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February 2021

Infographics are a handy compromise between pure text articles and movies. They can be read at your own pace, like text, with the visual enhancement provided by images.

Here’s one on a popular subject: The routine health check up. It provides a guide to the perplexed on how to get the best value from the flood of choices on offer. (Use the landscape orientation if you are viewing it on a mobile phone.)

After you are done with it, there is additional reading — a long form article — on an important health topic, at the end of the infographic.



Why are we sleeping through the crisis in Indian healthcare?

Everyone talks about inflation; whatever the figure, healthcare costs outstrip the parroted number by a sizable margin. Unlike other purchases, health expenditure cannot be foregone or postponed, forcing most of us to cut back on food, clothing and shelter, the lack of which leads to poorer health and a vicious cycle of more health-related expenses.

India has the dubious distinction of being the world's most highly privatized healthcare economy. Five per cent of our gross domestic product goes to health; of this only 0.9% (less than 1/5) comes from the government's coffers. The rest is out of pocket. Compare this 80% with the 4% that the United Kingdom citizen pays and the 15% - considered monstrous - that the American forks out.

It is of great concern that a matter as important as our health is being left entirely up to the mantra of "market forces in an open economy".

The crisis

Currently, India has only one hospital bed for every thousand people against the WHO recommendation of one for three hundred. To meet this need, India has to add about 80,000 beds a year for the next five years or more.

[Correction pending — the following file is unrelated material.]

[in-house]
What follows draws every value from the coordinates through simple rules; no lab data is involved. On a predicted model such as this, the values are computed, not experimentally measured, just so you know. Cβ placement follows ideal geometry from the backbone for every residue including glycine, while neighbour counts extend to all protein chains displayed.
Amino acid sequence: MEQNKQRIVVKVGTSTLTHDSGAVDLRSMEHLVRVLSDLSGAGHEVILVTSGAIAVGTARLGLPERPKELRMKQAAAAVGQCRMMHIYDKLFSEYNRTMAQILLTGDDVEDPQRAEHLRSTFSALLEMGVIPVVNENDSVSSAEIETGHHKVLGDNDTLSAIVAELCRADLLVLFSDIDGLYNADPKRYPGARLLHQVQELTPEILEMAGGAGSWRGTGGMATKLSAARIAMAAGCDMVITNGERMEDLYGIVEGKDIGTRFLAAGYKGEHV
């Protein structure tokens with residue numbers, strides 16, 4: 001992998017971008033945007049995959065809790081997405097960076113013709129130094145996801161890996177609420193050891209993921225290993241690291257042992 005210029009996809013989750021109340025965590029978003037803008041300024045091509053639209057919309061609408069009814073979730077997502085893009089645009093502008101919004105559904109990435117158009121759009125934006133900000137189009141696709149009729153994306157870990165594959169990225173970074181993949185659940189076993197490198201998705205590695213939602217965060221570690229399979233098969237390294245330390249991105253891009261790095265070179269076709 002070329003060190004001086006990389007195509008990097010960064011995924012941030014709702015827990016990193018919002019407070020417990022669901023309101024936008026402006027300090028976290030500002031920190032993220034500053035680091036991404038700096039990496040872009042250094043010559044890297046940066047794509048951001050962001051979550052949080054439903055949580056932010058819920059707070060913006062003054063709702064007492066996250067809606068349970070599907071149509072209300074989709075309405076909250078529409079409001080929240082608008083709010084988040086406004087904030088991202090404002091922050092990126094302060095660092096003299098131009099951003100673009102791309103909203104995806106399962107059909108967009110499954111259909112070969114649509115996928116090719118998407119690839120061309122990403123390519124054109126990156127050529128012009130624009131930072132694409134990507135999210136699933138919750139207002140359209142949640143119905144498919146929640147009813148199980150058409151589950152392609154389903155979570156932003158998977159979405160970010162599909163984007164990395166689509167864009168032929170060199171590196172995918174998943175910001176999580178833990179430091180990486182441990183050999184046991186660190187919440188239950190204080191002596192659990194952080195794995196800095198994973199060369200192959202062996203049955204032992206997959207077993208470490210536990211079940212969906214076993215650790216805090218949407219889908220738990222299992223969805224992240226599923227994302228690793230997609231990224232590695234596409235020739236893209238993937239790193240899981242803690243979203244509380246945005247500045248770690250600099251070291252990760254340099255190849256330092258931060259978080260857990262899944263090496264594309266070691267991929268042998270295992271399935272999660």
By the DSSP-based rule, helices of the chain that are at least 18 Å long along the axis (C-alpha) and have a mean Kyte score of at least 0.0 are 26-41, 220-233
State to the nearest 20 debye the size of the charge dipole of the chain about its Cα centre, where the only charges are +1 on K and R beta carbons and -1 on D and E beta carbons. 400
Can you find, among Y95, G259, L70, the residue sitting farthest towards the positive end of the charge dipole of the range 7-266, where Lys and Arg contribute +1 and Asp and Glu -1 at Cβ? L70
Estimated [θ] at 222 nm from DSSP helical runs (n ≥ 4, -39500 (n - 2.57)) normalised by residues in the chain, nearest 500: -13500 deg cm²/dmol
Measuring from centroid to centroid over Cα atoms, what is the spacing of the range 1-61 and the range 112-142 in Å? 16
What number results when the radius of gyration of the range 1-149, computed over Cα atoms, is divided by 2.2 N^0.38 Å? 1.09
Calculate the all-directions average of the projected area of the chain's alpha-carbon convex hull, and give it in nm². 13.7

The government has washed its hands of a large portion of its responsibility of taking care of its citizens' health. Almost 75% of all hospital beds are in the private sector; the share is larger still when it comes to medical technology. Public hospitals have witnessed a steady drop in the numbers utilizing their facilities, resorting to government-run hospitals only if destitute or after spending all their resources in the private sector.

What little there is in the treasury, is rightfully spent on public health measures such as immunization and nutritional programmes, and mother and child welfare; areas that the private sector is neither willing nor able to tackle.

The China-India success story is repeatedly cited as the role model for the open economy pathway to prosperity. Hidden in the hubris are some well-documented statistics that do not portend well for health care costs as development benefits trickle down through the population. Make a graph plotting the GDP/ capita against the expenditure on health. You will see a climbing slope from left to right ending in the mind-boggling US$ 8000/ capita of the United States. The figure does not plateau at any point. Satisfaction with services received does not parallel this slope all the way. It hits a sweet spot early and then flattens into a tabletop. In simple English, this means that as nations get richer, its citizens will spend increasing amounts on health care and can expect declining satisfaction as the amount increases. The percentage of Indian household income spent on health is projected to rise from 2 to 6% in the coming years. The more impoverished the Indian, the larger the chunk of his earnings that goes towards health expenses.

The Indian healthcare industry is pegged at Rs 85,000 crore per annum with an expected growth rate of 13% for the coming years. Though dominant, the private sector's participation is mostly in corporate ventures with non-profit organizations represented in small proportion. Profit-centred healthcare businesses have chosen to put their money mainly in tertiary care hospitals, stand-alone, high-tech diagnostic centres or single-speciality units. Primary and secondary care services are patchy and woefully inadequate.